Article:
There can also be a bundle for each page of a website. Or, bundles for each application that shares a code base. This is how modular JavaScript shows its full power—reusable code that can be used consistently throughout the code base. Features can be developed once and work consistently between server and client.

Tree shaking to help reduce bloat

When a module is included the whole package gets added to the bundle, even if only a part of it is used. It can be difficult for bundlers to know if code has side effects, which means that the code has dependencies on variables within scope but not within the explicit export. Without being able to distinguish what is being used and what is dead code, bundlers include the entirety of modules. This causes unnecessary additions to file size. Put another way, importing only one thing from a module with more than one export will mean the unused export is included in the bundle.

However, with some configuration, bundlers can eliminate unused exports and other dead code in a module. Eliminating dead code is often called “tree shaking”. By telling Webpack what parts of the code have no side effects it can shake the dead code out of the “tree”, or bundle. Using ESM is the most effective way to enable tree-shaking. If that isn’t an available option, which is still common today, then additional configuration is needed.

Dynamic require and lazy-loaded modules

Tree-shaking and code splitting a web application reduces the bundle file size significantly, but it doesn’t stop there. One of the main attractions of modern ECMAScript Modules is the ability to load modules as-needed. A rarely used part of an application can weigh down a bundle size unnecessarily for most users. Instead, it’s possible to dynamically load a module later instead of including it in the bundle file.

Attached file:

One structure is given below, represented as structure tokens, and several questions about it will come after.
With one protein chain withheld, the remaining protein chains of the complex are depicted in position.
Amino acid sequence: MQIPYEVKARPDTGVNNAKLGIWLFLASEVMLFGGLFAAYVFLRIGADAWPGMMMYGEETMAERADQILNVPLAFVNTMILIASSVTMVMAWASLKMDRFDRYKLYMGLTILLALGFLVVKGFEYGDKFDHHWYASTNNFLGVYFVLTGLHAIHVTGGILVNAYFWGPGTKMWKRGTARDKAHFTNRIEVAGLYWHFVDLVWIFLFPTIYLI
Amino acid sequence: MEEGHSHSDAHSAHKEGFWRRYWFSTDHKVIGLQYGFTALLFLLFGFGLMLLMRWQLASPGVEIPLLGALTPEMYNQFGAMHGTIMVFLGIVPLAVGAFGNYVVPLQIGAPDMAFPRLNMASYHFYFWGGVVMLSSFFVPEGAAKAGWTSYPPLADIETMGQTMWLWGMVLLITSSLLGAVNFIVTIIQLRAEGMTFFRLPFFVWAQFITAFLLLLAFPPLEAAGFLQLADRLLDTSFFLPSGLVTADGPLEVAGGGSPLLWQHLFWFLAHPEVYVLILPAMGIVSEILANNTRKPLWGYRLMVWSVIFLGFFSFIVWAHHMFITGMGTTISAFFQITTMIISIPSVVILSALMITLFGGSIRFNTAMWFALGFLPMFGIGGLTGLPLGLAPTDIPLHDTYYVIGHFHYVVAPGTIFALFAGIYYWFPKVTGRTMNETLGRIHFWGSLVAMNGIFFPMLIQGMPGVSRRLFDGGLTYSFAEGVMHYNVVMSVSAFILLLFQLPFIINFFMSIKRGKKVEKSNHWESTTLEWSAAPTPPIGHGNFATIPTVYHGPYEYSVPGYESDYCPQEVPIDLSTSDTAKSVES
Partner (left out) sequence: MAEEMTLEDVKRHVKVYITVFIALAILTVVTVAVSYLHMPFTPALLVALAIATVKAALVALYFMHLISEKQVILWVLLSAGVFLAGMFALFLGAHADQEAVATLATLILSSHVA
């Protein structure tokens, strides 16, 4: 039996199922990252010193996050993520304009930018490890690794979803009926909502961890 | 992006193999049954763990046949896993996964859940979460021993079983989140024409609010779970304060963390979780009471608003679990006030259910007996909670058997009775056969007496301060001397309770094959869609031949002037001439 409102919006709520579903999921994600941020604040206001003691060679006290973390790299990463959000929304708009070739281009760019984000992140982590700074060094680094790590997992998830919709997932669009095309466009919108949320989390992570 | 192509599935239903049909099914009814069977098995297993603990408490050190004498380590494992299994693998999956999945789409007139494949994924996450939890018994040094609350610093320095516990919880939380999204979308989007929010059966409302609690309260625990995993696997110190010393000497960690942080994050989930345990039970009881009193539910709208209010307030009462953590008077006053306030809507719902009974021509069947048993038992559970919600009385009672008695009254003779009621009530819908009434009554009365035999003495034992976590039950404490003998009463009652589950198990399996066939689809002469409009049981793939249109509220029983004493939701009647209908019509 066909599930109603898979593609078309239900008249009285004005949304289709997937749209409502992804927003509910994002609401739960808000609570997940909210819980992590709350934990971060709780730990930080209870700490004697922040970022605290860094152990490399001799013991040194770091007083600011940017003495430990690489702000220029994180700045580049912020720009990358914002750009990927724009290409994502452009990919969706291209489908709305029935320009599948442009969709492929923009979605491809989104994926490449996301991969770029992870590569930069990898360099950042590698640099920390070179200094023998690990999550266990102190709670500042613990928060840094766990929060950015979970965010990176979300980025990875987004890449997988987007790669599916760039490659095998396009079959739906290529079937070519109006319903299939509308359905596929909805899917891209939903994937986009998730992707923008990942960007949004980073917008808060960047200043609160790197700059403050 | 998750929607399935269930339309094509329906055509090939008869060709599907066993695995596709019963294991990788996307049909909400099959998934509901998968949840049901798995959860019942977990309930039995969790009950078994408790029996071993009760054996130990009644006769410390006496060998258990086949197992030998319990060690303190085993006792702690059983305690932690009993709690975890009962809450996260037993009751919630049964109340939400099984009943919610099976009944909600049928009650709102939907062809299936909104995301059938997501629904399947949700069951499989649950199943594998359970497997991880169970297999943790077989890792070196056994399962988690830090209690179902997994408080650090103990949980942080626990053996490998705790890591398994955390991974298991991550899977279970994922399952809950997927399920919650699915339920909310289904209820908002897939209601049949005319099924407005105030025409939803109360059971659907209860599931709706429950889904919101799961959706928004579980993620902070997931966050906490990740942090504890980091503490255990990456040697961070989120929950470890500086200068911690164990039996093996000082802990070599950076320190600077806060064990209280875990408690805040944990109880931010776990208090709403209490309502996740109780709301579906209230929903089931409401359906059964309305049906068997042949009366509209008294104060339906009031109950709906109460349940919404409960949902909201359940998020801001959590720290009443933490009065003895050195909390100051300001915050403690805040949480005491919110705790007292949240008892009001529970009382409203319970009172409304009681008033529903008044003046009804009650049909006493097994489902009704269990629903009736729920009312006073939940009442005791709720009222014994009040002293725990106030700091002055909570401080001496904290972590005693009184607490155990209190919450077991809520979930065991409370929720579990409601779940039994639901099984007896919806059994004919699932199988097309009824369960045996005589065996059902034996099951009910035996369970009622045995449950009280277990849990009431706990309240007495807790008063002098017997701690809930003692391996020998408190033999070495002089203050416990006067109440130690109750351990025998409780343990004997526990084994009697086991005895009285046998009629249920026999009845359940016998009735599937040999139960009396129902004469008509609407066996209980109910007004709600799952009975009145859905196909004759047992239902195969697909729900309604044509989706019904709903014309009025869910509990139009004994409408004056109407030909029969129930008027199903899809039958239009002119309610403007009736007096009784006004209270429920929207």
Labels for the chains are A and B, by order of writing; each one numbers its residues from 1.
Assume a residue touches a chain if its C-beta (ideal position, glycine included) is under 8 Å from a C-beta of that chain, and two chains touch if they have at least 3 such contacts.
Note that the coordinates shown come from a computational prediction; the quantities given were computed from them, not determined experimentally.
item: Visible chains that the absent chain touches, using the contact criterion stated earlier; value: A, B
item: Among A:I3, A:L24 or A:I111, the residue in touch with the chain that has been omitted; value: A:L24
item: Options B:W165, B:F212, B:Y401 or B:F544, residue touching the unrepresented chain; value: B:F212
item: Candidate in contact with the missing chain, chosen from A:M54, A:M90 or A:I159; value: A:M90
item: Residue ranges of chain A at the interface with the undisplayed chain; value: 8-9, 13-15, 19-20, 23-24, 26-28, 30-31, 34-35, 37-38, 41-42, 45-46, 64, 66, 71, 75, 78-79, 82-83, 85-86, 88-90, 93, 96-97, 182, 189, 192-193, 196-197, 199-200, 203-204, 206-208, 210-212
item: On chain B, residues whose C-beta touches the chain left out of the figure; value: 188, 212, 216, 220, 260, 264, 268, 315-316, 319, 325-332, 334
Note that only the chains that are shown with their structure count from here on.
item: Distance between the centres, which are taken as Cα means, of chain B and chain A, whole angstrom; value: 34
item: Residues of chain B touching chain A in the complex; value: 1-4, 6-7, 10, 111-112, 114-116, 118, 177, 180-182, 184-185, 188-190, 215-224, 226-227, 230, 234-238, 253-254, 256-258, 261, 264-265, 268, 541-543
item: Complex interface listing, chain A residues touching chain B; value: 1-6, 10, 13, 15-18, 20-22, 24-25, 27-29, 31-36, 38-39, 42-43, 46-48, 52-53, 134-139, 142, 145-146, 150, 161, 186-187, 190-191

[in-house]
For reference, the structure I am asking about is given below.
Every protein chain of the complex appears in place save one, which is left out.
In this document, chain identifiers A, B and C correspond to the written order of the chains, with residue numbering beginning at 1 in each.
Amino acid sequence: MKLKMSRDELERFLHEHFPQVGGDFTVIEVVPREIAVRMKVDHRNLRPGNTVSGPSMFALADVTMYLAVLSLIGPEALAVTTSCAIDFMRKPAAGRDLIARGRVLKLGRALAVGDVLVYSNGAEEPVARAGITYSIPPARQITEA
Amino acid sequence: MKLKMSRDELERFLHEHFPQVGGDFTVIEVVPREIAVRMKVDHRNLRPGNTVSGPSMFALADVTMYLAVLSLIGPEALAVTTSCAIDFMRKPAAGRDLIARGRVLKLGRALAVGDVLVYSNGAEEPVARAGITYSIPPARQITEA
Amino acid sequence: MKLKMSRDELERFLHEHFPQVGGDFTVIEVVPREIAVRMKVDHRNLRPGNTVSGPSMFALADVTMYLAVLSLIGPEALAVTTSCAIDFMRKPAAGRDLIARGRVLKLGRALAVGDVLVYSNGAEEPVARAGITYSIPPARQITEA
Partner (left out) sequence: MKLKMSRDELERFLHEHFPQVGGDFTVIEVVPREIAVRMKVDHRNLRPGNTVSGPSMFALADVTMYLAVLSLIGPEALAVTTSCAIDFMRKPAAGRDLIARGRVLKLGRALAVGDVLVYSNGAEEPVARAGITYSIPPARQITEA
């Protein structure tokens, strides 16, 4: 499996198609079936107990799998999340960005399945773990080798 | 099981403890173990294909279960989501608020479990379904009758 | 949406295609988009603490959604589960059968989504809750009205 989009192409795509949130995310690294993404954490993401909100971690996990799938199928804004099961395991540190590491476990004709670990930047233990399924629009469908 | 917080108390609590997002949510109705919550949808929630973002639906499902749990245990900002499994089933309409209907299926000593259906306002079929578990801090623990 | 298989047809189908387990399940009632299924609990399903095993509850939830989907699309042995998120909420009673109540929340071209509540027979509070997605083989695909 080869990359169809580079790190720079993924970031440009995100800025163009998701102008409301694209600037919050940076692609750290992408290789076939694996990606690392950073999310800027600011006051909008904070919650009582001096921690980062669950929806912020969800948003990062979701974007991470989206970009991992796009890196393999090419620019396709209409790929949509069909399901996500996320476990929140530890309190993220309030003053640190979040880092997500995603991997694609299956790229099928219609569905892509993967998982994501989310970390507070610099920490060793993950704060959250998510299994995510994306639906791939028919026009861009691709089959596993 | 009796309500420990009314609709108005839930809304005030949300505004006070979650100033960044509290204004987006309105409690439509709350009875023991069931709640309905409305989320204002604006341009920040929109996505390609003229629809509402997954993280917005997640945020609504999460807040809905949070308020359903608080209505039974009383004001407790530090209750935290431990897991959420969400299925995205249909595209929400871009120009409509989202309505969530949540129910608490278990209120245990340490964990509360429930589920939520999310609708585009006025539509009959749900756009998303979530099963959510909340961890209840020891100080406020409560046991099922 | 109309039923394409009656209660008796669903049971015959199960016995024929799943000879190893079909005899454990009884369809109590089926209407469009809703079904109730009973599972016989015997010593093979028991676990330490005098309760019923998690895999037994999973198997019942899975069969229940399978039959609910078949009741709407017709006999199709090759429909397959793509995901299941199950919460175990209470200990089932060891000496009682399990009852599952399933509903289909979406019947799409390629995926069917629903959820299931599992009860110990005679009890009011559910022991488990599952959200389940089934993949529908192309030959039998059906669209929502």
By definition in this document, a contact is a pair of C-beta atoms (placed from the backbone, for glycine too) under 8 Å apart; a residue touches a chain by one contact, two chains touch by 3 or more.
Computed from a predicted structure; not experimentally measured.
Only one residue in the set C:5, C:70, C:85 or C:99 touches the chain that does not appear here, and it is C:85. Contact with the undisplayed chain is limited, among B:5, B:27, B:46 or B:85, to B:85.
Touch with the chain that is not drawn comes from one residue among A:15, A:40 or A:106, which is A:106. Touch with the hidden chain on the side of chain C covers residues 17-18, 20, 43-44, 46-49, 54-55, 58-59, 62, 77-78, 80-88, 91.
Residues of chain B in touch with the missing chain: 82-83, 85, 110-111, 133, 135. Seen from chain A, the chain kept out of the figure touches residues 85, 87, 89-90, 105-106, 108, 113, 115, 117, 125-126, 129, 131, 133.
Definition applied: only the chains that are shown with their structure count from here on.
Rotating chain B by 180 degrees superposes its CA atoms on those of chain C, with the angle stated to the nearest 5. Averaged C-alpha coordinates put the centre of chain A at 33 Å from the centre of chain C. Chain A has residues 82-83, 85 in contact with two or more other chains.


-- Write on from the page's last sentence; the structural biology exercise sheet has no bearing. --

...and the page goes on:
On-demand, “lazy-load” of a module is part of the specification for ES6. The syntax follows different rules, since it relies on Promises: the module is conditionally loaded when the import function is called. This means that the rarely used feature mentioned earlier is only referenced by the bundle and only loaded by the browser when a user accesses the feature, hence the on-demand nature of dynamic imports.

Adopting ESM Javascript

When I gave up the “old way” in favor of using a JavaScript bundler, it forever changed my working life for the better. Modular JavaScript is so much easier to think about and work with, and the optimizations that can be done with a compiler save so much time and headache when developing for the web. For new web developers that haven’t known the old way or for anyone still avoiding JavaScript modules, I hope this article explains how we got here and removes some of the trepidation in using ESM today.

Further Reading

Compilers